Hop on #TuesFlashFicTrain Week 2!

This showed up in a fortune cookie for me once!

I can finally say it’s week two! Woo hoo!

First things first, be sure to check out last week’s winning post, by Stephanie Ayers, before tackling this week’s prompt, as you’ll have to continue the story she started!

Now, prompt time!

If you follow me on Twitter, you might have noticed that I tried a new Zumba routine this week. It kicked my ass, but I intend to try it again later this week. In keeping with the idea of trying new things, this week’s prompt is to continue last week’s winning story, but to have your protagonist do something they never thought they’d do. This could be trying a food they previously thought was gross, or maybe doing something they might be afraid of. It could even be something they thought would be easy but turns out to be more difficult than they anticipated (like me and new Zumba routines). Interpretation of the prompt is entirely up to you! The most important thing, though – have fun with it!

Remember, continue last week’s story, keep it under 400 words, and submit your response in the comment section below. Don’t forget to include your twitter handles and/or other social media links for promotion! Submissions close Wednesday at 11:59PM EST– tell your friends!

Questions, suggestions? Check out the rules in more detail and/or drop me a line!

As always, think happy thoughts!

Image Credit: Image found via Google Image Search on quotehd.com

5 thoughts on “Hop on #TuesFlashFicTrain Week 2!

  1. If only I’d come home sooner.

    I wandered the empty rooms, memories snapping before my eyes as though pages of the photo albums Mom had kept on the coffee table.

    Dad’s chair with his remote at hand. Mom’s china displayed in perpetual newness in the over sized hutch.
    The dining room table, ragged centerpiece bookended by the salt and pepper shakers I’d sent her one Christmas.

    It had come to this. Clearing their lives away, packing their bits and pieces into bland cardboard boxes.
    Each bit laid away, each piece folded and stored, chiseled at my strength.

    Memories of two people I knew, yet never knew.
    Familiar items that meant everything and nothing.

    My room, almost as I’d left it. Patches of darker paint on the sun faded walls where I’d peeled away posters, long since discarded.

    On the bed an unfamiliar quilt made by mother’s hands. Hands that rarely held me, yet so carefully stitched each square into place.

    Red and blue checkered fabric here, that came from the new dress for my first day of kindergarten
    Different shades of denim scattered throughout saved from multiple pairs of jeans. The center square, the shiny iridescent pink of prom. Around the edge, strips of soft fabric stamped with pastel bunnies recognized from old pictures as my baby blanket.

    I carried the quilt past the crowd of boxes awaiting the moving van.

    Twenty minutes later I stood in front of a door clutching the bundle tightly. I turned the handle with shaking hands.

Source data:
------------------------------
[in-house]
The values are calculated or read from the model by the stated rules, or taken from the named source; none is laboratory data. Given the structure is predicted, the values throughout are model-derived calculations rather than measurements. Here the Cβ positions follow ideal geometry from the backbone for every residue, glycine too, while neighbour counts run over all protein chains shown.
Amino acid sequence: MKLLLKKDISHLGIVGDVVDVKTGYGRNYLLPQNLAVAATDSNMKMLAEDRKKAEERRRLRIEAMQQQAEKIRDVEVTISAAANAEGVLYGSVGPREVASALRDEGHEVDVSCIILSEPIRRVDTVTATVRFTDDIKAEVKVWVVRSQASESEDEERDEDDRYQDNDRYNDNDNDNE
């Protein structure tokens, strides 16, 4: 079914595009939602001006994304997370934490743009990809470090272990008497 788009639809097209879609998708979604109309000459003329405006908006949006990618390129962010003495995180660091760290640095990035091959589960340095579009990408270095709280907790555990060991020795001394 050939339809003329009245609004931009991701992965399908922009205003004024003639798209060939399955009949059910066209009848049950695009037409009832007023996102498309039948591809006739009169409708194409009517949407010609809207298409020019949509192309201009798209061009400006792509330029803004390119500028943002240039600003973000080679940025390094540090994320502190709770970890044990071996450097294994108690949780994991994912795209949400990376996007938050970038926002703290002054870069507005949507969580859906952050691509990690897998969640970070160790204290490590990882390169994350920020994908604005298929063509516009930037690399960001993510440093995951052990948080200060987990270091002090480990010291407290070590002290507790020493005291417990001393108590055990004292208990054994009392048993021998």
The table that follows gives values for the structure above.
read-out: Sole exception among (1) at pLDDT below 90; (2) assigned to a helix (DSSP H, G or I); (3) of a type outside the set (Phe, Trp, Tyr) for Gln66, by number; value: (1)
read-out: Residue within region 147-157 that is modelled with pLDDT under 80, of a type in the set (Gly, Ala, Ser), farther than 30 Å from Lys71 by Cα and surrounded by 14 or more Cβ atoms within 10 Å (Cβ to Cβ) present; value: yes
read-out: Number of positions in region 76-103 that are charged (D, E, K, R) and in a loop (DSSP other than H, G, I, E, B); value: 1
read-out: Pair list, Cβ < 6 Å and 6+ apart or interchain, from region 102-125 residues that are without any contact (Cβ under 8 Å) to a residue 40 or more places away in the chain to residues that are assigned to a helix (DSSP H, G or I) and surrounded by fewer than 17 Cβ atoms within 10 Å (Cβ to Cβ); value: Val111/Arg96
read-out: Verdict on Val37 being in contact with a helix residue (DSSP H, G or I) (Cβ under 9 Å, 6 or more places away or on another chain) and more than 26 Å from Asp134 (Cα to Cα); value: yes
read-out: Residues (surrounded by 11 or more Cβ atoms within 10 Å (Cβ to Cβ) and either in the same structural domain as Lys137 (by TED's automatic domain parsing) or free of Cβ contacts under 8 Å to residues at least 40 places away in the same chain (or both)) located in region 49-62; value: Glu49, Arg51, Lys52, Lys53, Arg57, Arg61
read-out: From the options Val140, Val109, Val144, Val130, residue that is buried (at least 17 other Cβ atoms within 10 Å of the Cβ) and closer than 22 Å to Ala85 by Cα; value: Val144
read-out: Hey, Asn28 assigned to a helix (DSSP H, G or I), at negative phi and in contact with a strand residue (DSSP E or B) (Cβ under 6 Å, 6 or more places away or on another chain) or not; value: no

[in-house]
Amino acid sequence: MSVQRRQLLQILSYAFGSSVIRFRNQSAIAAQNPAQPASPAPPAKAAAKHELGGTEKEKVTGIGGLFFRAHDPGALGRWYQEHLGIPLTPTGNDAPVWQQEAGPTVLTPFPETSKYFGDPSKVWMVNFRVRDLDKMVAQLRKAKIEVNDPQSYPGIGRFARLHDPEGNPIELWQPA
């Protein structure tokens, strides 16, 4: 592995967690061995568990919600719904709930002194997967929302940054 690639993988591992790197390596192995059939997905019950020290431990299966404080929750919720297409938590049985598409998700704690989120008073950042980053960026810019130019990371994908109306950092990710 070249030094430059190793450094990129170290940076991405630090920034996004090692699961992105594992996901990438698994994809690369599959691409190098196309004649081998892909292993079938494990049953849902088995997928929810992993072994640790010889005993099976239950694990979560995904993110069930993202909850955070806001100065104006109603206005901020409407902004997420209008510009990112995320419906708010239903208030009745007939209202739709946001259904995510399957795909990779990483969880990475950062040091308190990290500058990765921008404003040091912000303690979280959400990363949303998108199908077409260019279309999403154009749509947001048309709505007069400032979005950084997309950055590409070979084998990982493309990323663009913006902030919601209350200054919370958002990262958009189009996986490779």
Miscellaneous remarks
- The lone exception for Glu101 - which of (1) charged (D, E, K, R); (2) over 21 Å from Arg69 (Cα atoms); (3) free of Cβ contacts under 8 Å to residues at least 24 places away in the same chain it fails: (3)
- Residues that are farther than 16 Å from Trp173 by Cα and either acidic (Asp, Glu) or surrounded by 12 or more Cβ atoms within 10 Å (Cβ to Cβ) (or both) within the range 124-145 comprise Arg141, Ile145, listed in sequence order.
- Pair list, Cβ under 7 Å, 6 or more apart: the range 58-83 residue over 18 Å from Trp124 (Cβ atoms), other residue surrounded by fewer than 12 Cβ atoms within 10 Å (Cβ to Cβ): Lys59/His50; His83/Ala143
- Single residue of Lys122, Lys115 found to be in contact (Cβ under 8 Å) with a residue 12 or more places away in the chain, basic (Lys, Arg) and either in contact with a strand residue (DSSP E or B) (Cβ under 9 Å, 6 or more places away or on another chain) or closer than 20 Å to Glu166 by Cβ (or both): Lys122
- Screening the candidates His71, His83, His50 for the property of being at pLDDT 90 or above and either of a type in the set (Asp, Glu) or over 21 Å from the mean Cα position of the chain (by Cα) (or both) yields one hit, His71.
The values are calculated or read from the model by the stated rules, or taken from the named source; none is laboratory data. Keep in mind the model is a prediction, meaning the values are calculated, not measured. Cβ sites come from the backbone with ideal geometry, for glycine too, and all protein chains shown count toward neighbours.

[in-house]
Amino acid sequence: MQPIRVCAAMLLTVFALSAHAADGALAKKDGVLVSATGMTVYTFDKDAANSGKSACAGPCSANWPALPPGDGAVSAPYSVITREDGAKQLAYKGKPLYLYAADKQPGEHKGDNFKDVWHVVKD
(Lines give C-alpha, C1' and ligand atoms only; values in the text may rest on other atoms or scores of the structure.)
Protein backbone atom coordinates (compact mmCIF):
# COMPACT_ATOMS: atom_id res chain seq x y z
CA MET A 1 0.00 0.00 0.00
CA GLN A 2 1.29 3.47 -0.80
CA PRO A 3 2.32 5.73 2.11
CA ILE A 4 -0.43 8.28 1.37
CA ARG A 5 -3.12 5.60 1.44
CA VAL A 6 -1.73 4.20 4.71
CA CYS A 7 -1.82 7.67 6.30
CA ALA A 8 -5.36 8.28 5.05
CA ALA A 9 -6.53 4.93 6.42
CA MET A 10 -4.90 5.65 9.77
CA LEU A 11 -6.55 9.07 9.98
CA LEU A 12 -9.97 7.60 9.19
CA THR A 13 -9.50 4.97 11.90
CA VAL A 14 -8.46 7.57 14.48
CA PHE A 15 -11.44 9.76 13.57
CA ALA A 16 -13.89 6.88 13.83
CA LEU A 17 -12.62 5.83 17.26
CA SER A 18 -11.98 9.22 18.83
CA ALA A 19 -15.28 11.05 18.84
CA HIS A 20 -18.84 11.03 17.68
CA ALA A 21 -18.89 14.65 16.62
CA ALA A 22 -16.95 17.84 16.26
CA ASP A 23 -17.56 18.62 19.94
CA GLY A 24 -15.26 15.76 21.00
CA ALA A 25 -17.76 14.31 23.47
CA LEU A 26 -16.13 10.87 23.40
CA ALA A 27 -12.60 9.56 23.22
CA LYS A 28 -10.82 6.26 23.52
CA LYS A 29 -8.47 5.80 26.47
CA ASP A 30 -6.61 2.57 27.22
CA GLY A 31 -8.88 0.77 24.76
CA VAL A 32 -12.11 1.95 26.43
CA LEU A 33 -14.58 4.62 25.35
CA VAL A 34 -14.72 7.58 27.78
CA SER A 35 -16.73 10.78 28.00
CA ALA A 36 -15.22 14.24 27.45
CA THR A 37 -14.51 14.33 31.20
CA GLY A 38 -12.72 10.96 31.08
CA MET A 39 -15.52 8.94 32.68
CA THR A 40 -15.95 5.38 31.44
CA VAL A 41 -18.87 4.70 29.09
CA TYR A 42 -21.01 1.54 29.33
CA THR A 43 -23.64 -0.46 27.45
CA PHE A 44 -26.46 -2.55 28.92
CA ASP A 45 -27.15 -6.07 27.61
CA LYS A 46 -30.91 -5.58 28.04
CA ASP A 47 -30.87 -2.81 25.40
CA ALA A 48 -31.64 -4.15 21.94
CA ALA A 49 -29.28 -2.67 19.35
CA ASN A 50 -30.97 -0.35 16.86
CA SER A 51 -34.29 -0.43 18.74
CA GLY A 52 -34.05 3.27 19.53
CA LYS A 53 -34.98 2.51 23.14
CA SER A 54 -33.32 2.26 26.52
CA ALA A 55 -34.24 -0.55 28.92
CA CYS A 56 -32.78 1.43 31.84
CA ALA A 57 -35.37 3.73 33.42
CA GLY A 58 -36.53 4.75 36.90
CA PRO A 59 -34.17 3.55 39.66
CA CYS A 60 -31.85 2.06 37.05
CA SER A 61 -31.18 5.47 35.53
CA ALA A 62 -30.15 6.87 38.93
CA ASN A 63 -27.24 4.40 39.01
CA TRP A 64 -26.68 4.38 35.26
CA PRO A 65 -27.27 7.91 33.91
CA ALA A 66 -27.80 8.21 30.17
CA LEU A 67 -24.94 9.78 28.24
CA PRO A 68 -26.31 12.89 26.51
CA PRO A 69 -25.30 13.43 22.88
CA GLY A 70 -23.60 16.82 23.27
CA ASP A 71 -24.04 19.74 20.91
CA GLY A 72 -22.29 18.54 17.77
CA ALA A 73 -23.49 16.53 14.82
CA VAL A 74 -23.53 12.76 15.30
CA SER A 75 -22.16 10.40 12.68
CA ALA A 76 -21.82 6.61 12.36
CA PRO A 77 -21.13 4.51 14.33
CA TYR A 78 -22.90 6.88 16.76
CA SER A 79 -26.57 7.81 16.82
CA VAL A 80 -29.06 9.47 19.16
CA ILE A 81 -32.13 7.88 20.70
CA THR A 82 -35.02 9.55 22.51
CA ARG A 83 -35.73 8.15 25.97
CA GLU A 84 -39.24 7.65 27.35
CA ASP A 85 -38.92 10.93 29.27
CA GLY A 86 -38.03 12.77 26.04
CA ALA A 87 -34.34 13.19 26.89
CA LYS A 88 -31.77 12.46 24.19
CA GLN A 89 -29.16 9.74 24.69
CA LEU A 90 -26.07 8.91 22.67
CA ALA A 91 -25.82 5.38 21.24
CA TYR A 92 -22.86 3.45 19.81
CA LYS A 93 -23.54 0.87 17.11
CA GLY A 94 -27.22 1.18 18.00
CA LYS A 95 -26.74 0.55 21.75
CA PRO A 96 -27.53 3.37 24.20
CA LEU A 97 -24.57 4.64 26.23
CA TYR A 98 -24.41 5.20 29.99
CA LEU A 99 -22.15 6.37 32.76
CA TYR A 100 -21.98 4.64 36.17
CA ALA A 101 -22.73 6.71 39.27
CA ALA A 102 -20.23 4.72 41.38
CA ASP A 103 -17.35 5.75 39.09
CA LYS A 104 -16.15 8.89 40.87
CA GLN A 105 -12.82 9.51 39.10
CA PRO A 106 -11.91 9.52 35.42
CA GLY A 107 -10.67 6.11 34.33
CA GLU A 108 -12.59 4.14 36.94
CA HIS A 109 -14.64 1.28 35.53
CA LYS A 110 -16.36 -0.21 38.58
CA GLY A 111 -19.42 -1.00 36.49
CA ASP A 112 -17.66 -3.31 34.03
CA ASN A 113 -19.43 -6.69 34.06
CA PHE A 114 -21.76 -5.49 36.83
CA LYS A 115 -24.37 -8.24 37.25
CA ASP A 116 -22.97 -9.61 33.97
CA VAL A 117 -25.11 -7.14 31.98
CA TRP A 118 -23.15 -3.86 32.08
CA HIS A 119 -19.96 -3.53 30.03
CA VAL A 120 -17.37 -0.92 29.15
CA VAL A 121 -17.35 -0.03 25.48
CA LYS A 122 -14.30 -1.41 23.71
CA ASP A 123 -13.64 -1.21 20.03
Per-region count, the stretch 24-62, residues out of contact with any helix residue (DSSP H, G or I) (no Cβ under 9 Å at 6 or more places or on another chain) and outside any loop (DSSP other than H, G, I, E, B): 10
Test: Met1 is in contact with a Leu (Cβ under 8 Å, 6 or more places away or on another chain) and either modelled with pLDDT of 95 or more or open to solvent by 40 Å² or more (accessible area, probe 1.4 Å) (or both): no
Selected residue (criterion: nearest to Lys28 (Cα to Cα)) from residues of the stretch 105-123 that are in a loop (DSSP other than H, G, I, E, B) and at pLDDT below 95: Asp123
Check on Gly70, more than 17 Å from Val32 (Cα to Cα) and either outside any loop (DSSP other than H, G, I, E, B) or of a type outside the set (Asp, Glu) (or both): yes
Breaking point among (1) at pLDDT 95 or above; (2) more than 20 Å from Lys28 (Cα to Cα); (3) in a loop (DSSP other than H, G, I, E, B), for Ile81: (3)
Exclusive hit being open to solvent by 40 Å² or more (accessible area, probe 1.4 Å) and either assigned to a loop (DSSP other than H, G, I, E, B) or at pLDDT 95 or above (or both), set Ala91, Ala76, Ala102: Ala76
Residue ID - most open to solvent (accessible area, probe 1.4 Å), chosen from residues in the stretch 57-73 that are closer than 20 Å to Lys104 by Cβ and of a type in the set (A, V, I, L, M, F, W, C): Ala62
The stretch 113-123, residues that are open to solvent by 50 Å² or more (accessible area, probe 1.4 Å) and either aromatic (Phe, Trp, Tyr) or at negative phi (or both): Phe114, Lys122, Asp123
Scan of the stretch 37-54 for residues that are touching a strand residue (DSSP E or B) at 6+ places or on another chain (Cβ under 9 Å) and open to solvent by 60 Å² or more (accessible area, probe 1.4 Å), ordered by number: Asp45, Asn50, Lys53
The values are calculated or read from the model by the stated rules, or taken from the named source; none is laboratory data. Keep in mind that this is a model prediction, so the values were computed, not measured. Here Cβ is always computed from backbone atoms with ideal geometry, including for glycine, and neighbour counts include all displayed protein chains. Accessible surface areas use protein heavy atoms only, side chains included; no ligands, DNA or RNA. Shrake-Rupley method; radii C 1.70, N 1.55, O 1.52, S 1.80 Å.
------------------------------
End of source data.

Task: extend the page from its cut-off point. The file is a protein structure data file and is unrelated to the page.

She sat in front of the widow. Late afternoon sun highlighted the yellowed gray of her uncombed hair.
    As I approached her chair, she turned. Pale blue eyes met mine with confusion, then settled on the riot of color in my arms.

    She gently touched the fabric, her hands smaller than I remembered. Her eyes focused as they returned to my face. A smile began to bloom as she stroked my cheek with the same tenderness she had afforded the quilt.

    I wished I had come back sooner.

    Renee L.Tennis-McKinley

    The blogs


  2. I closed the piano softly. Something drew my attention to the room just beyond-Mother’s sitting room. A small bed took up most of the space, but it was the covering that drew my eye. A bright red quilt, handmade, spread across is haphazardly, as if someone had rushed out of it just that morning.

    Impossible. Father had passed on two weeks ago. How could it look so freshly slept in?

    I moved across the floor unaware. Portraits decorated each wall, a shrine to someone’s childhood. I didn’t recognize the people within them. The signature on the bottom, a harsh black slash against an otherwise peaceful scene, reminded me of my mother’s. My thumb flicked over the corner, the dried paint rough under my touch. A stab of pain shot through my abdomen. So much I never knew about my parents. I had no memory of Mother painting anything ever. I looked closer. The faces matched names in my head, and it became clearer at each glance. I moved closer to the one hanging over the small never-used fireplace. Red and yellows shouted from the canvas, and a mother and child held hands as they walked away from the carnival, each bearing an ice cream and happy smiles. Stunned, I stepped closer and almost fainted when reality claimed my mind.

    “Momma?” a little voice piqued from behind me. A mess of fat, auburn, roly-poly curls tumbled around a small freckled heart-shaped face. Sleep lingered in her hazel eyes.

    “Bug,” I called, holding my hand out to her. “Come and see.”

    She stood between my arms, her thin weight pressing against my body. “That little girl looks like me.”

    “She does.”

    “Who is that woman with her?”

    My throat caught, choking me as tears cascaded my cheeks. My heart burst open and pain stifled me. I sat down on the bed, surprised.

    “Your grandmother.”


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